GUARANTEES: The Klamath and Salmon Rivers are very proven gold-bearing rivers. We recommend all beginning dredgers start on the Klamath, rather than on the creeks or smaller rivers. The Klamath’s consistent gold reserves guarantee that everyone is going to recover some gold if you get out and give it even the smallest amount of effort. We also recommend that above-water prospectors begin along our properties on the Main Stem & North Fork of the Salmon Rivers. Both sides of the Salmon are very consistent in gold both in the exposed moss and the surface gravels.
While some of our more experienced prospectors have done well on the creeks, and the creeks provide fantastic potential, people consistently do so well on the Klamath (dredging) and Salmon (mining alongside the river) that we find most of our members and guests end up prospecting on these rivers instead of the creeks.
Experience has shown that the key to successful gold prospecting is in learning how to prospect for acceptable gold deposits.
“Here follow the mining properties available to our members on the upper Klamath River upstream from where Interstate 5 crosses the river.”
These claims are situated a distance upstream from where Interstate 5 crosses the Klamath River. There are basically two ways to gain access to the claims: One is by exiting Interstate 5 at exit #786, which is where the Colliers Rest Stop is located, and where Interstate 5 crosses the Klamath River. The other is to exit Interstate 5 at exit #789, which is the next I-5 exit to the north. From there, you can drive east several miles and connect with Klamathon Road.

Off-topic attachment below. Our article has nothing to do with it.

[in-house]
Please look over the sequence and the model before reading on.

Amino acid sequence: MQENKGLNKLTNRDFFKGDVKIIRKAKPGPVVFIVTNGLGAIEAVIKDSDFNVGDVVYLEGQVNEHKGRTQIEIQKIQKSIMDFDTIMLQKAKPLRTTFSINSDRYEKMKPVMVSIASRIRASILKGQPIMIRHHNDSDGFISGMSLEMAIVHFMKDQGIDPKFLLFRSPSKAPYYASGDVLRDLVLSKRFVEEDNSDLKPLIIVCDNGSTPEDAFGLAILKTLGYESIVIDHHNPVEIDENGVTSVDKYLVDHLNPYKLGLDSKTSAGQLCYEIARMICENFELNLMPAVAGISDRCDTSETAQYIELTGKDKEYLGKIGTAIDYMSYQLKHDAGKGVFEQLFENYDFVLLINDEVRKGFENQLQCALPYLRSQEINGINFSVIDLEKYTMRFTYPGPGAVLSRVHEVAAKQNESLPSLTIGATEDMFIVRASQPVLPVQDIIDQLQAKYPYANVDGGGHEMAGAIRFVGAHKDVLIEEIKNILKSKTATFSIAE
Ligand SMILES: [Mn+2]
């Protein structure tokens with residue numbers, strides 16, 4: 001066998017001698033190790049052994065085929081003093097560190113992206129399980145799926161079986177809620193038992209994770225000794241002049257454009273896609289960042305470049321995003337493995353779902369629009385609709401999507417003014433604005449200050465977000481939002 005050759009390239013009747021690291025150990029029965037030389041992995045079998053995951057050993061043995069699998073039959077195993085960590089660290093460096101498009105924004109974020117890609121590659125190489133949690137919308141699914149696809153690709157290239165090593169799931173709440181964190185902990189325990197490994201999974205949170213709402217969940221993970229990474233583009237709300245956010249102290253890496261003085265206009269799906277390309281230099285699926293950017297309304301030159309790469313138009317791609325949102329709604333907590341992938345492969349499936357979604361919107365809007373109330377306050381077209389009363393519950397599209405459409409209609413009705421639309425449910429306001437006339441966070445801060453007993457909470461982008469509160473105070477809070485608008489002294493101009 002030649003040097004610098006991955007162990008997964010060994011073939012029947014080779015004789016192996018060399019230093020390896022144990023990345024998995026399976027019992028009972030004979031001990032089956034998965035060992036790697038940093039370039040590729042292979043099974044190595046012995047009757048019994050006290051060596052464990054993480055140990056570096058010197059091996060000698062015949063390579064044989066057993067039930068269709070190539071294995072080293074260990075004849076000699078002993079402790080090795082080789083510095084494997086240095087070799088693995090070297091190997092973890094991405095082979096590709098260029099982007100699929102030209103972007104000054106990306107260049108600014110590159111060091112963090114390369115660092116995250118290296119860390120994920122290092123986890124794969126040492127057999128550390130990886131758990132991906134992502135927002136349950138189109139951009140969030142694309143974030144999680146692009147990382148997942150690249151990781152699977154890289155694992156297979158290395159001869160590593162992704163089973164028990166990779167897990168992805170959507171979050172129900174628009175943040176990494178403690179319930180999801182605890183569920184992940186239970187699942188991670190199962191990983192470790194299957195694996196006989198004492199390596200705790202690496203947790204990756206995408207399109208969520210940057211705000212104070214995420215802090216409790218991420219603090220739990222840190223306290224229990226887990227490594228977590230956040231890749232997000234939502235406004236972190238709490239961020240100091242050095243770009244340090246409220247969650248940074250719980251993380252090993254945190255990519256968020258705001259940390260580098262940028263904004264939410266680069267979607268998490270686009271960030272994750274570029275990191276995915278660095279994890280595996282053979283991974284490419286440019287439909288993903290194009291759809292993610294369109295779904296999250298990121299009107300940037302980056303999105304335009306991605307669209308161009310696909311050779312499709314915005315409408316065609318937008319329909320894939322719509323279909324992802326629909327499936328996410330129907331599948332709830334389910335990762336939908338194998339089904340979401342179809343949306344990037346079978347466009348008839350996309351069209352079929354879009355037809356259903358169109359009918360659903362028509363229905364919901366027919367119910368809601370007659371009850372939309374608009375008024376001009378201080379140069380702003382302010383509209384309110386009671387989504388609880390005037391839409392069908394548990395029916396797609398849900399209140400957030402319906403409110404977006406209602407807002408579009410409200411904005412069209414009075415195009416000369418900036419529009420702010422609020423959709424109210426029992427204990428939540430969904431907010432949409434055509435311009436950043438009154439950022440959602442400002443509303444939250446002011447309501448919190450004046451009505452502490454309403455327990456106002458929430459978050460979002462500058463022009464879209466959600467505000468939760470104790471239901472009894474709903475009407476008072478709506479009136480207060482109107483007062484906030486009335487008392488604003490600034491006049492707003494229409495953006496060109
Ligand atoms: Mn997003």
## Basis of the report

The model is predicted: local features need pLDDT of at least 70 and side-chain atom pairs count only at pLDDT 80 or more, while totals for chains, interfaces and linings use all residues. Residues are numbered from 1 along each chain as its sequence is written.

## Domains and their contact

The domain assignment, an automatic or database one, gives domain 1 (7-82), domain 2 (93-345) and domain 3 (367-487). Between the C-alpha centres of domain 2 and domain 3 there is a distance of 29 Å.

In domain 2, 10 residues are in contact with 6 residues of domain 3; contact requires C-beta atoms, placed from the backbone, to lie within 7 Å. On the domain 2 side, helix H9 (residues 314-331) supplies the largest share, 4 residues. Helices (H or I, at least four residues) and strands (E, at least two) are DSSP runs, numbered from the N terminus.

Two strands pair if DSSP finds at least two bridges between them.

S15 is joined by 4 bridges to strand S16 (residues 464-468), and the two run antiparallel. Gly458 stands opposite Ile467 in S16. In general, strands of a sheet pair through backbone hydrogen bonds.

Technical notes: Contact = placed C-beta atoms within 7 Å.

Klamathon Road is a dirt road that follows along the Klamath River, starting where Interstate 5 crosses the Klamath River at exit #786 (There is no sign there calling it “Klamathon Road” at the lower end), and ending at Ager Road around 6 miles upriver. Access to the Club’s UK claims will almost entirely be accomplished from Klamathon Road. The Klamathon Road is almost entirely unpaved, and there are some narrow places towards the lower end. Four-wheel drives are not necessary.
There are some places to park and camp along these UK properties, but please be careful to not block or inhibit traffic along the Klamathon Road or pre-established river access routes. For the future of our activity, it is important to be considerate of others who are actively using the road and river in this area!!
Dave’s Personal Guarantee
We have over 60 miles of mining properties in northern California for you to prospect and mine.
If you can’t find the gold you are looking for on our properties, let me know and I’ll help you find it!”
— Dave McCracken
The New 49’ers Prospecting Organization, Inc.
P.O. Box 47, 27 Davis Road, Happy Camp, California 96039
Contact us for more information at (530) 493-2012.
Important note concerning Mining & Dredging Seasons on this Property
Google Earth Coordinates: 41 52’37.11″N 123 19’16.44″W